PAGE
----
Inspired by the Black Lives Matter movement in the United States, solidarity demonstrations were being held in a number of cities around the world on Saturday.
Several hundred people, including far-right activists, gathered in central London’s Parliament Square to protest against racial discrimination, despite police warnings to stay home to contain the coronavirus.
Dozens gathered around the statue of wartime U.K. Prime Minister Winston Churchill and the Cenotaph war memorial, both boarded up. Officials feared far-right activists would seek confrontation with anti-racism protesters under the guise of protecting statues.
Paul Golding, leader of the far-right group Britain First, said activists have turned out to “guard our monuments.”
“I am extremely fed up with the way that the authorities have allowed two consecutive weekends of vandalism against our national monuments,” Golding told the Press Association.
Monuments around the world have become flash points in demonstrations against racism and police violence after the May 25 death of George Floyd, an unarmed Black man who died in Minneapolis after a white police officer pressed a knee to his neck.
In Britain, the protests have triggered a national debate about the legacy of empire and its role in the slave trade. A statue of slave trader Edward Colston was hauled from its plinth by protesters in the city of Bristol last Sunday and dumped in the harbour. In London, Churchill’s statue was daubed with the words “was a racist.”
Police have imposed strict restrictions on Saturday’s protests in a bid to avoid violent clashes. Authorities also fenced off other statues in Parliament Square, including memorials to Nelson Mandela and Abraham Lincoln.
Police commander Bas Javid urged people not to gather in large groups at all because of the coronavirus. But if they must, he said activists have to stick to the planned route and be off the streets by 5 p.m. or risk arrest.
Newly reopened shops close in Paris
Paris police ordered the closure of freshly reopened restaurants and shops along the route of a march Saturday against police brutality and racism, fearing possible violence.
The march between the Place de la Republique in eastern Paris and the city’s main opera house is expected to be the biggest of several demonstrations around France this weekend inspired by the Black Lives Matter movement in the U.S.
The Paris police chief ordered merchants and city officials to clear sidewalks along the march route of anything that could be set on fire or used by troublemakers against police. Any gatherings of more than 10 people remain banned in France because of virus containment measures.
The Paris march was organized by supporters of Adama Traoré, a French Black man who died in police custody in 2016 in circumstances that remain unclear despite four years of back-and-forth autopsies. They’re demanding “justice for Adama and all victims of police.”
France has seen several demonstrations in the wake of George Floyd’s death in the U.S, and they’ve been overwhelmingly peaceful, though some have seen scattered clashes between police and protesters.
Protests are also expected Saturday in Marseille, Lyon and other French cities.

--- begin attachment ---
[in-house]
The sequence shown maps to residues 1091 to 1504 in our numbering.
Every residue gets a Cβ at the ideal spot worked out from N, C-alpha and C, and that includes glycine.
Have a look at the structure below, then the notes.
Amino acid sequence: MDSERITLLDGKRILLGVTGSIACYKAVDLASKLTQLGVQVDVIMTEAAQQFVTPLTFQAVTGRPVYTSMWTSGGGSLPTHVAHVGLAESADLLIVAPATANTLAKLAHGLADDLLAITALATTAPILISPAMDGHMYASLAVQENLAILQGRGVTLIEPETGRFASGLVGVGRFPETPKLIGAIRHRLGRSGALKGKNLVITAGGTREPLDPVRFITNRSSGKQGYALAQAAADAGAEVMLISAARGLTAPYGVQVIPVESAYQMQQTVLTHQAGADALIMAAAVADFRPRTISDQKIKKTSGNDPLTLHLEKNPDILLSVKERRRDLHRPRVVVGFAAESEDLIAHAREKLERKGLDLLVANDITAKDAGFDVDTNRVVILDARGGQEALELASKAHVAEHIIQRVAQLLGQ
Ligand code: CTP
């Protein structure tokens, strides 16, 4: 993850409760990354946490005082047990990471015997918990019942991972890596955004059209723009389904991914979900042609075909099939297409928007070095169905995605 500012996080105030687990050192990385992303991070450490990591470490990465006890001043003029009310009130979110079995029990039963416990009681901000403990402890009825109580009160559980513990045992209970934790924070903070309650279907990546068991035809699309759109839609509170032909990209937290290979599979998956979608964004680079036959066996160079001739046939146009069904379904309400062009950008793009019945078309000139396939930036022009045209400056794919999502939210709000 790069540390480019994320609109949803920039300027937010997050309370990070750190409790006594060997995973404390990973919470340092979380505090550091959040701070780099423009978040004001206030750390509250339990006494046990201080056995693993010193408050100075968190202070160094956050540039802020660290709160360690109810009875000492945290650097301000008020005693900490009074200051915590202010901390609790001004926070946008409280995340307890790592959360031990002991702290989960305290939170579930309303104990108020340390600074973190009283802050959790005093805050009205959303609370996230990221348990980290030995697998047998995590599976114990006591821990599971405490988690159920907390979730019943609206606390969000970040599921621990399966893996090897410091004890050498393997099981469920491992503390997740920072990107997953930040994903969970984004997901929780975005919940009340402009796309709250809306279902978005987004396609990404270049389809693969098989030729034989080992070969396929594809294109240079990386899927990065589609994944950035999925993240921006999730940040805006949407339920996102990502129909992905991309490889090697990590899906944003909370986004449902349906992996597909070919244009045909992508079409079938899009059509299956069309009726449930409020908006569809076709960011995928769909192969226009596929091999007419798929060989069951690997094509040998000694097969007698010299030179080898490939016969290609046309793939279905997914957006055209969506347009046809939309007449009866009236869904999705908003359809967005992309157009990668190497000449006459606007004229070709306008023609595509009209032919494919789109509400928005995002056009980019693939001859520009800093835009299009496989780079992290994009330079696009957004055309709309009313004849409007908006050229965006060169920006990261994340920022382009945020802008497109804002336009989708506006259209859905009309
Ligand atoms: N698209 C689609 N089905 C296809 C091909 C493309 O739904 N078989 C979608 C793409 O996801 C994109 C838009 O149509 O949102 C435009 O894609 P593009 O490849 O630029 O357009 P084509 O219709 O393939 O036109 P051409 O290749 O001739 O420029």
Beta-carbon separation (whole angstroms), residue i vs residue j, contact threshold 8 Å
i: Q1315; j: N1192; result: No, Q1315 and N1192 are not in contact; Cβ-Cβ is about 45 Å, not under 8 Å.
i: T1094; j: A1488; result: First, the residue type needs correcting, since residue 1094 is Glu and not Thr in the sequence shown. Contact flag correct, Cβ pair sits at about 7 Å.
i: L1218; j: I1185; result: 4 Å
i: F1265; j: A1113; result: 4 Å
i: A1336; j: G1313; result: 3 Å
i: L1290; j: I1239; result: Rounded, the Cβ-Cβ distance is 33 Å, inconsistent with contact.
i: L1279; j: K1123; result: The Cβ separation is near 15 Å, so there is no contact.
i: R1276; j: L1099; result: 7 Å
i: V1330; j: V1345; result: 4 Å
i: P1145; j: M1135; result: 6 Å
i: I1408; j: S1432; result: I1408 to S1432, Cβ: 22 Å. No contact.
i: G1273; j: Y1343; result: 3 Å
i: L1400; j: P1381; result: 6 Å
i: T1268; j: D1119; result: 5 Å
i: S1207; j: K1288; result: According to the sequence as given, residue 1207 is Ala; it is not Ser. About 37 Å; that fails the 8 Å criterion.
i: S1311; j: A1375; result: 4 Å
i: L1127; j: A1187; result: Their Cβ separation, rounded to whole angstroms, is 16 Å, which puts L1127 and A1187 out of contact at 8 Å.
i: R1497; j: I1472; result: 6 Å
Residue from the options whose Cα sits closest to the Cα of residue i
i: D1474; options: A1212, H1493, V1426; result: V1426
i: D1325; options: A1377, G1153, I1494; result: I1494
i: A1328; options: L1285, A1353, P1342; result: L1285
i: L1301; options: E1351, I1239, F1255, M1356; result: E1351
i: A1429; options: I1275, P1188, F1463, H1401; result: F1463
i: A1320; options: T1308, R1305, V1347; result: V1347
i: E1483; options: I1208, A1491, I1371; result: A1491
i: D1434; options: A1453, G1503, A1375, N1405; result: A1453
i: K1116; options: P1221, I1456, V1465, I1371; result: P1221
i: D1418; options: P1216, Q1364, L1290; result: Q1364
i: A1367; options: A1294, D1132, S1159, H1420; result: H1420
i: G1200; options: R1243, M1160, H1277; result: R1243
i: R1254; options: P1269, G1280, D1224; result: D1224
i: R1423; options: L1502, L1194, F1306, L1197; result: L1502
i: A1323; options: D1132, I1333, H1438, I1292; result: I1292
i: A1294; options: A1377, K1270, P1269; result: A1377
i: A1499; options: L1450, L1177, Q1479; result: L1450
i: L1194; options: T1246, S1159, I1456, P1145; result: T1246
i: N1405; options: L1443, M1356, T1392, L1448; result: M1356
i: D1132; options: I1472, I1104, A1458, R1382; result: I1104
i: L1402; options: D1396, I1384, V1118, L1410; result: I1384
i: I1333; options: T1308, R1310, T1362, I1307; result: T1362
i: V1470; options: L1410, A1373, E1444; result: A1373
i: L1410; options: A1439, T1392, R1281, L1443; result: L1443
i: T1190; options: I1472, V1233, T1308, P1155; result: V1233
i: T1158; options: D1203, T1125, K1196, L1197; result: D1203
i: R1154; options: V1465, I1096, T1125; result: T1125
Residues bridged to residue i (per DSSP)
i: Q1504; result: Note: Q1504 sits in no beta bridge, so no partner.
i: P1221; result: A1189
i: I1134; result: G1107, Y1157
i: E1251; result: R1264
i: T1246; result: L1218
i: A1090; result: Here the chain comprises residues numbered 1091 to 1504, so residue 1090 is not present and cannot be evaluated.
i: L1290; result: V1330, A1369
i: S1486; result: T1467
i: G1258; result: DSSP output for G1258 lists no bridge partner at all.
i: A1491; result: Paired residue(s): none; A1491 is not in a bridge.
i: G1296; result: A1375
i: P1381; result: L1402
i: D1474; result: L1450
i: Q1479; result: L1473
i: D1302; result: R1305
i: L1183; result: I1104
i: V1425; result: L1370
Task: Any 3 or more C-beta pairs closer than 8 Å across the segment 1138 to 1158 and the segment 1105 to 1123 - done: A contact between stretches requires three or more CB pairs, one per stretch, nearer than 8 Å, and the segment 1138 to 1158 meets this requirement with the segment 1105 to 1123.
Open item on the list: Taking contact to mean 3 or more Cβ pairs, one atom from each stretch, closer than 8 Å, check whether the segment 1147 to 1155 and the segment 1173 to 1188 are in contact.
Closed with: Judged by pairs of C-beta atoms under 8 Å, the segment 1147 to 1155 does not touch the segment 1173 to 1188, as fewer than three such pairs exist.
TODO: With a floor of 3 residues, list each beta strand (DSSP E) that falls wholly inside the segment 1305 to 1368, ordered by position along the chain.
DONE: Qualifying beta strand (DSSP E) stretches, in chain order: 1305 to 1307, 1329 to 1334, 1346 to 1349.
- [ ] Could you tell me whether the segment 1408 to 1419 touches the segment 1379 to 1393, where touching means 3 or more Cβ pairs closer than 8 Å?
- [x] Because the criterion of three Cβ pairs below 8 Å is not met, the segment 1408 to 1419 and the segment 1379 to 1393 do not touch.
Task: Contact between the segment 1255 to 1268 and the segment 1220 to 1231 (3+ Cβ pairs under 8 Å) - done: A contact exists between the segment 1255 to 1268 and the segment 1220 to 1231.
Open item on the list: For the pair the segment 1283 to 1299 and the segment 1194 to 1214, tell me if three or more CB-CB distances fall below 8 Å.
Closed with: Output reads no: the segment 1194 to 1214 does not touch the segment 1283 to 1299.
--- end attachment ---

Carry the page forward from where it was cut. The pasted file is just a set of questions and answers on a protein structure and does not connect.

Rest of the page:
In Canada, a 26-year-old Indigenous woman killed by police in northern New Brunswick last week was being remembered Saturday through a series of marches in her honour across the Maritimes.
Chantel Moore died June 4 after being shot by an officer in Edmundston during a wellness check, an incident now being investigated by Quebec’s police watchdog.
Indigenous groups say the healing walks scheduled in Edmundston, Fredericton and Moncton, N.B., and in Halifax and Membertou, N.S., should be described as Ikatomone, which translates to “Let’s guard.”
Thousands gather in Australia
Protests went ahead in far-flung parts of Australia against the advice of government and health authorities but on a significantly smaller scale than the previous weekend, when tens of thousands rallied in cities along the east coast.
The biggest demonstration was in Perth, the Western Australia state capital, where the Australian Broadcasting Corp. estimated that 5,000 people gathered to honour George Floyd and remember Indigenous Australian people who have died while in police custody.
Western Australia state Premier Mark McGowan had urged organizers to postpone the event, saying “this is about trying to save people’s lives.”
A man in his 30s who attended the rally in Melbourne last weekend later tested positive for the coronavirus, heightening concerns about a potential second wave in Australia just as the federal and state governments are easing restrictions.
Western Australia COVID-19 regulations prohibit crowds of more than 300 from gathering, although police weren’t enforcing social distancing fines and organizers offered face masks and hand sanitizer to protesters on Saturday.
The nationwide day of protests started in the far north, with more than 1,000 people gathering in City Park in Darwin, which has the highest proportion of Indigenous people of Australia’s state capitals.
Police in the North Territory issued a statement saying the event was peaceful “and allowed community members to express their views in a safe environment.”
Sharna Alley, one of the Darwin protest organizers, told the crowd in comments broadcast by Sky News Australia: “We’re tired of the injustices. We’re tired of the brutality against our people in so-called protective custody. We really want to know, when will it stop.”
Indigenous people and Torres Strait Islanders comprise two per cent of Australia’s adult population but 27 per cent of the prison population. They are also the most disadvantaged ethnic minority in the country and have higher-than-average rates of infant mortality and poorer overall health, as well as shorter life expectancy and lower levels of education and employment than other Australians.